Some research-based teaching advice requires complex rethinking of our work.
We know that “desirable difficulties” like spacing and interleaving help students learn. At the same time, this strategy might require a fair amount of reorganization in our unit plans.
On the other hand, today’s suggestions could hardly be simpler. They go like this:
First: encourage students to use a straightforward self-talk strategy (see below).
Second: remind them frequently.
The likely result; they’ll learn more!
The First Step: A Self-Talk Strategy
Our students often know what they should do. But, they struggle to make themselves do it.
So many plausible excuses. So many reasons NOT to follow through!
Over two decades ago, researchers devised a remarkably simple way to redirect those excuses: “if-then” statements.
The strategy goes like this:
The student starts by setting a goal.
“I want to read 15 pages of the novel.”
She then lists the likely problems that could interfere with that goal.
“My dog could distract me.”
“I could get bored.”
“I could get a text.”
Next, she lists solutions to those likely problems — phrased as “if-then” statements.
“If my dog distracts me, then I’ll ask my brother to play with him.”
“If my phone buzzes, then I’ll turn it off and give it to my parents.”
We have good research suggesting that this “if-then” structure creates highly beneficial mental shortcuts.
At the moment of distraction, the student doesn’t have to decide what to do. She has already decided; she simply has to execute the plan she made for herself.
This strategy sounds too simple to work. But, we’ve got good research suggesting it does.
A Second Step: Well-timed Reminders
So far, this strategy could hardly be simpler. Students set goals, make “if-then” plans, and get to work.
A recent study asks a useful question: how often should teachers remind students about these “if-then” plans?
Here’s a useful analogy:
When you take a medication, you probably don’t take all of it all at once. Instead, you probably take one pill a day — or something like that. The whole course of medication is divided into doses.
Well, should teachers divide this strategy into doses? Does it matter how often we prescribe this study “medication”?
Researchers, led by Dr. Jasmin Breitwieser, explored these questions with medical students in Germany.
The details of the study get complicated quickly. But the headlines go like this:
Students in the control group set daily study goals, but did not make if-then statements.
Students in the study group also set daily goals, and “internalized” this statement:
If I am thinking about stopping [before I reach my goal], then I will tell myself that I will continue to answer questions until I have reached my intended workload!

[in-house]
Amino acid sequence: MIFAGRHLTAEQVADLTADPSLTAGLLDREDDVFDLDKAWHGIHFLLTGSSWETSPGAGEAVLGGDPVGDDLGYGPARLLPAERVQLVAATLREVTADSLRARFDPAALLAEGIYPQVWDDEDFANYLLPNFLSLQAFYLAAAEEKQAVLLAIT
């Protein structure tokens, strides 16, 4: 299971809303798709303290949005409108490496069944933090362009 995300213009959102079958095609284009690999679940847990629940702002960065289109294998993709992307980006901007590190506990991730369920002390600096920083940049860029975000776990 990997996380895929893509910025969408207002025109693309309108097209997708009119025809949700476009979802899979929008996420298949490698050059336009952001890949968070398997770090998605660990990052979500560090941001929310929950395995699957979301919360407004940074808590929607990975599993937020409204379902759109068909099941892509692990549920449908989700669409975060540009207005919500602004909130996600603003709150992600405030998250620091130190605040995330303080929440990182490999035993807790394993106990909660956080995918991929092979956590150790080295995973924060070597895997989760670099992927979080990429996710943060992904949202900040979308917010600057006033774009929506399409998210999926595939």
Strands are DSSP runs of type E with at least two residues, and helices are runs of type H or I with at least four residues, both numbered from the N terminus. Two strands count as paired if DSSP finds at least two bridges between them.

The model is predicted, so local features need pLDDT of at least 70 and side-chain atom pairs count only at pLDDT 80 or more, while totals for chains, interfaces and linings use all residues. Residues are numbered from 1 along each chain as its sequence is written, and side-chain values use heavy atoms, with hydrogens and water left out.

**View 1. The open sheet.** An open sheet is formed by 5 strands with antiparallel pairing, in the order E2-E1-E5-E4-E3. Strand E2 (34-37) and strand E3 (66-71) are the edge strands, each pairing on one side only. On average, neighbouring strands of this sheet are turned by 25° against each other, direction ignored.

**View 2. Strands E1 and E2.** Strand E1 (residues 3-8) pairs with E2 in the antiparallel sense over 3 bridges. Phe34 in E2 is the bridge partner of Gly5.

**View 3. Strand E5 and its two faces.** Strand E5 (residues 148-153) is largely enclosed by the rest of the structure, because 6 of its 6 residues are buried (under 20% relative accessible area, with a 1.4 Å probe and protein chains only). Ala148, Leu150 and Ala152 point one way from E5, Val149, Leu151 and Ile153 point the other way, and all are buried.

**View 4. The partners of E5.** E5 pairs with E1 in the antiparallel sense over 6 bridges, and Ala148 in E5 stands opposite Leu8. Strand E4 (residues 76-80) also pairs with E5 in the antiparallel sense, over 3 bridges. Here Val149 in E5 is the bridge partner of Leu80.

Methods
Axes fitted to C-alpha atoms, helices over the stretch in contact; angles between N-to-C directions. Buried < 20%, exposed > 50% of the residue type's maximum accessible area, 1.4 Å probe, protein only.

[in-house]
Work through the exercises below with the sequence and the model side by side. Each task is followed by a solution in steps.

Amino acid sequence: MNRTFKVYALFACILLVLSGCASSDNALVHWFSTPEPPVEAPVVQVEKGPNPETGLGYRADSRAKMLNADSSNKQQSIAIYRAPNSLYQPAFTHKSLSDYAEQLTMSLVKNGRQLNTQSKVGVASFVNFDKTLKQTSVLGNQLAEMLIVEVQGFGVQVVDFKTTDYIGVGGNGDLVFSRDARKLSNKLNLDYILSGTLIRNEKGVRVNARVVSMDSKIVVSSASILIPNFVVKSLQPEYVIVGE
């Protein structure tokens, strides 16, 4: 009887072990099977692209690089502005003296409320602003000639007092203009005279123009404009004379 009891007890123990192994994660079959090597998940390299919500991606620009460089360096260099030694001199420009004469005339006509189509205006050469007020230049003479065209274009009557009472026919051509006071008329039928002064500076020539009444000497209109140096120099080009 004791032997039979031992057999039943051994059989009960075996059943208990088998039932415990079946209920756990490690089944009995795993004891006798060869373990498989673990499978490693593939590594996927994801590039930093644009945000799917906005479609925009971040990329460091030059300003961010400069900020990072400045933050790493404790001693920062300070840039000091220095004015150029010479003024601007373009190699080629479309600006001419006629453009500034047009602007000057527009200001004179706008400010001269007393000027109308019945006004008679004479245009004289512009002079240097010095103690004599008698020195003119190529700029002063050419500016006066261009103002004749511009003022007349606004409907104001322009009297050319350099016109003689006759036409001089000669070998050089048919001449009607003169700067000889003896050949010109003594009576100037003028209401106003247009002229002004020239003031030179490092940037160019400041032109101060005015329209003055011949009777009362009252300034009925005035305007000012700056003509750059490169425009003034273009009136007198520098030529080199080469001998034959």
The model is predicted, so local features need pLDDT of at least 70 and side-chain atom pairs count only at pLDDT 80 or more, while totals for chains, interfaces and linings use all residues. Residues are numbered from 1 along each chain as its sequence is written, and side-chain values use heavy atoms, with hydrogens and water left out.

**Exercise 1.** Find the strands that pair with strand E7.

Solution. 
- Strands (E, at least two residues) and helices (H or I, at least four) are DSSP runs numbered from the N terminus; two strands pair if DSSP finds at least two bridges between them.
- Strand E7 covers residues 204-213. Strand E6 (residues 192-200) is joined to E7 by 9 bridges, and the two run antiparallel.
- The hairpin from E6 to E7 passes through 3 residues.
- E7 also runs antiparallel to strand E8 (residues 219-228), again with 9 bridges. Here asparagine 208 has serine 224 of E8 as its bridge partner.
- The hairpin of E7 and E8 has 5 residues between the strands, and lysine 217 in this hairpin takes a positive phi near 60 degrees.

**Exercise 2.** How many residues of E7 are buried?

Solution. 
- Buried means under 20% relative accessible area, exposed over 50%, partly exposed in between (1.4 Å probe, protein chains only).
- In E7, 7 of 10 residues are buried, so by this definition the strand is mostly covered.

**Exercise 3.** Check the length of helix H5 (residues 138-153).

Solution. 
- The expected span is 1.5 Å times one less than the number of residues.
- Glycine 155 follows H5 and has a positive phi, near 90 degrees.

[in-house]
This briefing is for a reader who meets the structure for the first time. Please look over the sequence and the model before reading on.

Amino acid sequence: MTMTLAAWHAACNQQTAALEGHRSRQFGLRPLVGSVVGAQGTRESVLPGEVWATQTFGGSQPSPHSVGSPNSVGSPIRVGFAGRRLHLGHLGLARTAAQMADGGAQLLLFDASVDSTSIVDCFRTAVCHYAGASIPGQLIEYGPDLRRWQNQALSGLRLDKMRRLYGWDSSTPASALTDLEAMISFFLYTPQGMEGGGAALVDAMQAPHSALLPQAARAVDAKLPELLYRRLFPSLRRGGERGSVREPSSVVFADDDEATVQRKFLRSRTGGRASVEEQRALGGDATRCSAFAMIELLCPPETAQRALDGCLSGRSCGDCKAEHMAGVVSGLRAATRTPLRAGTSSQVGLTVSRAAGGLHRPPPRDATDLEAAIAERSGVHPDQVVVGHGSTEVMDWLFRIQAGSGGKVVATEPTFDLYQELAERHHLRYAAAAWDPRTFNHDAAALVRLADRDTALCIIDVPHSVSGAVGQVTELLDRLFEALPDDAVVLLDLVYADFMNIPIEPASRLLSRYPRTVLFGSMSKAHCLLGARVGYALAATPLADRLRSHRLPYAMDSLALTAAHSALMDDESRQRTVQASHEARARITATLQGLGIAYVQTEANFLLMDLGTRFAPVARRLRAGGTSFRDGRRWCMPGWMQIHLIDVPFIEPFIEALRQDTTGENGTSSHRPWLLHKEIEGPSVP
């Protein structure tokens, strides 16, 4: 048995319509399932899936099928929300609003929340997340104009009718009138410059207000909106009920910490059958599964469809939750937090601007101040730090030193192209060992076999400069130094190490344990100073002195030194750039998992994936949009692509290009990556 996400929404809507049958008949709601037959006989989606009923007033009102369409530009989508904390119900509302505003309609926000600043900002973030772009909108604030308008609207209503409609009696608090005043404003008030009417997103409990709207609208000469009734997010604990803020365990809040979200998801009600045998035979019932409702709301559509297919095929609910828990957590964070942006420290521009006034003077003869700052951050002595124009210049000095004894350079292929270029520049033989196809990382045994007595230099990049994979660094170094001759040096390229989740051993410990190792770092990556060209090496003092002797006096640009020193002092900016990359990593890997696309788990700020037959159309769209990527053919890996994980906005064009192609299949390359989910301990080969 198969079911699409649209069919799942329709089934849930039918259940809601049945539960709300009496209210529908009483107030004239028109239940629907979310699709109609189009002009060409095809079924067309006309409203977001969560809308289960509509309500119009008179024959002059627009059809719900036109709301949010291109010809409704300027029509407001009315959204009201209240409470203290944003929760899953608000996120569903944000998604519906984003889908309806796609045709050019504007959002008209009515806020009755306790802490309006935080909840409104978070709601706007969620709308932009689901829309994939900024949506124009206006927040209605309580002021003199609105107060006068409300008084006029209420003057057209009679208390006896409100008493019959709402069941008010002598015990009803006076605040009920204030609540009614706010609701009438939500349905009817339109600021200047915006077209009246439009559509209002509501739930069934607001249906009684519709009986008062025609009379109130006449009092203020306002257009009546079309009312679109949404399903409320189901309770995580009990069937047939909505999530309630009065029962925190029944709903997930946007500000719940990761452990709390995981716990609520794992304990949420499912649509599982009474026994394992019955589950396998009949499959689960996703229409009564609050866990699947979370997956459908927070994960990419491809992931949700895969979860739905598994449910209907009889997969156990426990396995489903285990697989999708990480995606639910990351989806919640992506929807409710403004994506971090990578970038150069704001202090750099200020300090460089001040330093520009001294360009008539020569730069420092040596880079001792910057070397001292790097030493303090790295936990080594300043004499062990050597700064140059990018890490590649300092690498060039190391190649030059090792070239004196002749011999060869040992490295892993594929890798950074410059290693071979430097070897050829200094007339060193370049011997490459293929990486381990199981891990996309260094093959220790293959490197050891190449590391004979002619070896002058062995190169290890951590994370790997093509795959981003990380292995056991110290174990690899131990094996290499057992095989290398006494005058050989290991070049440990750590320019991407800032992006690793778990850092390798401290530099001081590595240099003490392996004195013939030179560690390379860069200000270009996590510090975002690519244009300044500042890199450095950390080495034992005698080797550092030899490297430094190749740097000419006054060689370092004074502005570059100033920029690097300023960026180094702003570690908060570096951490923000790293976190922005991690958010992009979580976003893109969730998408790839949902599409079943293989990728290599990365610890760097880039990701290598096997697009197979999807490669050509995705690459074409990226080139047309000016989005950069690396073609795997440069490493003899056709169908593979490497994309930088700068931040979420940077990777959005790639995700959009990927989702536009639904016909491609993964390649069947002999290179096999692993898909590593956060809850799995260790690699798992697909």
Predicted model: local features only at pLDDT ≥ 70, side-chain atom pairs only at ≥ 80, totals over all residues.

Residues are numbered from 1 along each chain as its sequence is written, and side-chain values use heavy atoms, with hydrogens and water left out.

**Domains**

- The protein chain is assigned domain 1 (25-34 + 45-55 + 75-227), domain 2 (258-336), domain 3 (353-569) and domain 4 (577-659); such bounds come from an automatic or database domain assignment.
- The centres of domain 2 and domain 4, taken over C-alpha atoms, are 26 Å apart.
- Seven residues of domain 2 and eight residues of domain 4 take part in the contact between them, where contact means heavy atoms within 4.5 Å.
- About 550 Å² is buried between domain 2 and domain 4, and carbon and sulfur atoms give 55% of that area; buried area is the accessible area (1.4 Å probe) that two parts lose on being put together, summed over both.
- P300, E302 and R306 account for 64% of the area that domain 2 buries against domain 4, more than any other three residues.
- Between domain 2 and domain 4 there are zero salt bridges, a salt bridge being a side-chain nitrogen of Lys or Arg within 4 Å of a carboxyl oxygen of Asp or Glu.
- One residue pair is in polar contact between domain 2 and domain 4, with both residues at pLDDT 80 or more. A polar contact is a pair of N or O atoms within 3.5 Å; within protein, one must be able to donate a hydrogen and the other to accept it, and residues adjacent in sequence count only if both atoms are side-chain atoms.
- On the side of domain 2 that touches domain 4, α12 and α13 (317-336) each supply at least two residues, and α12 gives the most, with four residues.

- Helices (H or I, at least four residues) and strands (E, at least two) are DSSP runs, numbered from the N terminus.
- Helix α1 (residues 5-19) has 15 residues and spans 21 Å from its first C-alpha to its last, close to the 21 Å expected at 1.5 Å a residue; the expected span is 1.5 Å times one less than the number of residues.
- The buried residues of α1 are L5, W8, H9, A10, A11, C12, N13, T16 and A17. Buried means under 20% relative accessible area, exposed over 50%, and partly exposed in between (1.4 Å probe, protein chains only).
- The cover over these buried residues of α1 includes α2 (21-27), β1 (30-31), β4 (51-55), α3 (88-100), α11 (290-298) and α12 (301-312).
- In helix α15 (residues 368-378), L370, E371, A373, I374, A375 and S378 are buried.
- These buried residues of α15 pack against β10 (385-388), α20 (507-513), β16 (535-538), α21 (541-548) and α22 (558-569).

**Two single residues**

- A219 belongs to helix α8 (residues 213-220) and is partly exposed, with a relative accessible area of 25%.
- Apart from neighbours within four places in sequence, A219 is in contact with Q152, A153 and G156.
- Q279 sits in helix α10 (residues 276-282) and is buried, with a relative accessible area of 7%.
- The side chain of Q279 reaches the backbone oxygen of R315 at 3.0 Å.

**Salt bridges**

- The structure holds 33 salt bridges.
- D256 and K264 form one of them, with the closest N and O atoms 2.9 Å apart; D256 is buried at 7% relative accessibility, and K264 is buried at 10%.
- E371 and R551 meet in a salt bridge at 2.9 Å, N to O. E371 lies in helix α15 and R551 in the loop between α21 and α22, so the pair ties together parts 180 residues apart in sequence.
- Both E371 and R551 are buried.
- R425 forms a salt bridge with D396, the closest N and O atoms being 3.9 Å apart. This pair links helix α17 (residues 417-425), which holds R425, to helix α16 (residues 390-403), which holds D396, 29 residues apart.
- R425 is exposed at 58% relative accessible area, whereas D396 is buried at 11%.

Students in this second group got reminders on various schedules — as many as 3 days in a row, and as many as 3 days without a reminder.
So: what did the researchers find?
First: Breitwieser’s team found that students who made the if-then commitments scored higher on the exam than those who didn’t. *
Second — an this is the big news: dosing mattered.
When students got several reminders in a row, they reached more of their goals.
When those same students got no reminders for 3 days in a row, they reached less of their goals.
In other words: if-then statements help students achieve — especially if they recommit to them frequently.
Teachers really struggle to help students find motivation in their school work.
This if-then strategy provides a remarkably simple way to help students achieve their own goals.
So, suggestion #1: teachers should take time to help students formulate these if-then statements.
Suggestion #2: one dose isn’t enough. We should have students return to these plans frequently.
The exact schedule will depend, I suspect, on your specific circumstances. It will be different for 1st graders, 5th graders, and 9th graders. It will be different depending on your school and your culture, and perhaps even your approach to teaching.
Based on other research pools, I suggest that the reminders be relatively frequent, but unpredictable. We don’t want our students going through this process by rote; they should engage with it as earnestly as possible each time.
If we get the dosing right, this simple strategy can help our students study more effectively — and therefore learn more.
* The difference was quite small: only 2 points. However, and this is a big however, the researchers worked with medical students preparing for a high-stakes exam. They are already highly successful and highly motivated students. I suspect we’ll see more dramatic effects for other groups of students.
Breitwieser, J., Neubauer, A. B., Schmiedek, F., & Brod, G. (2021). Self-regulation prompts promote the achievement of learning goals–but only briefly: Uncovering hidden dynamics in the effects of a psychological intervention. Learning and Instruction, 101560.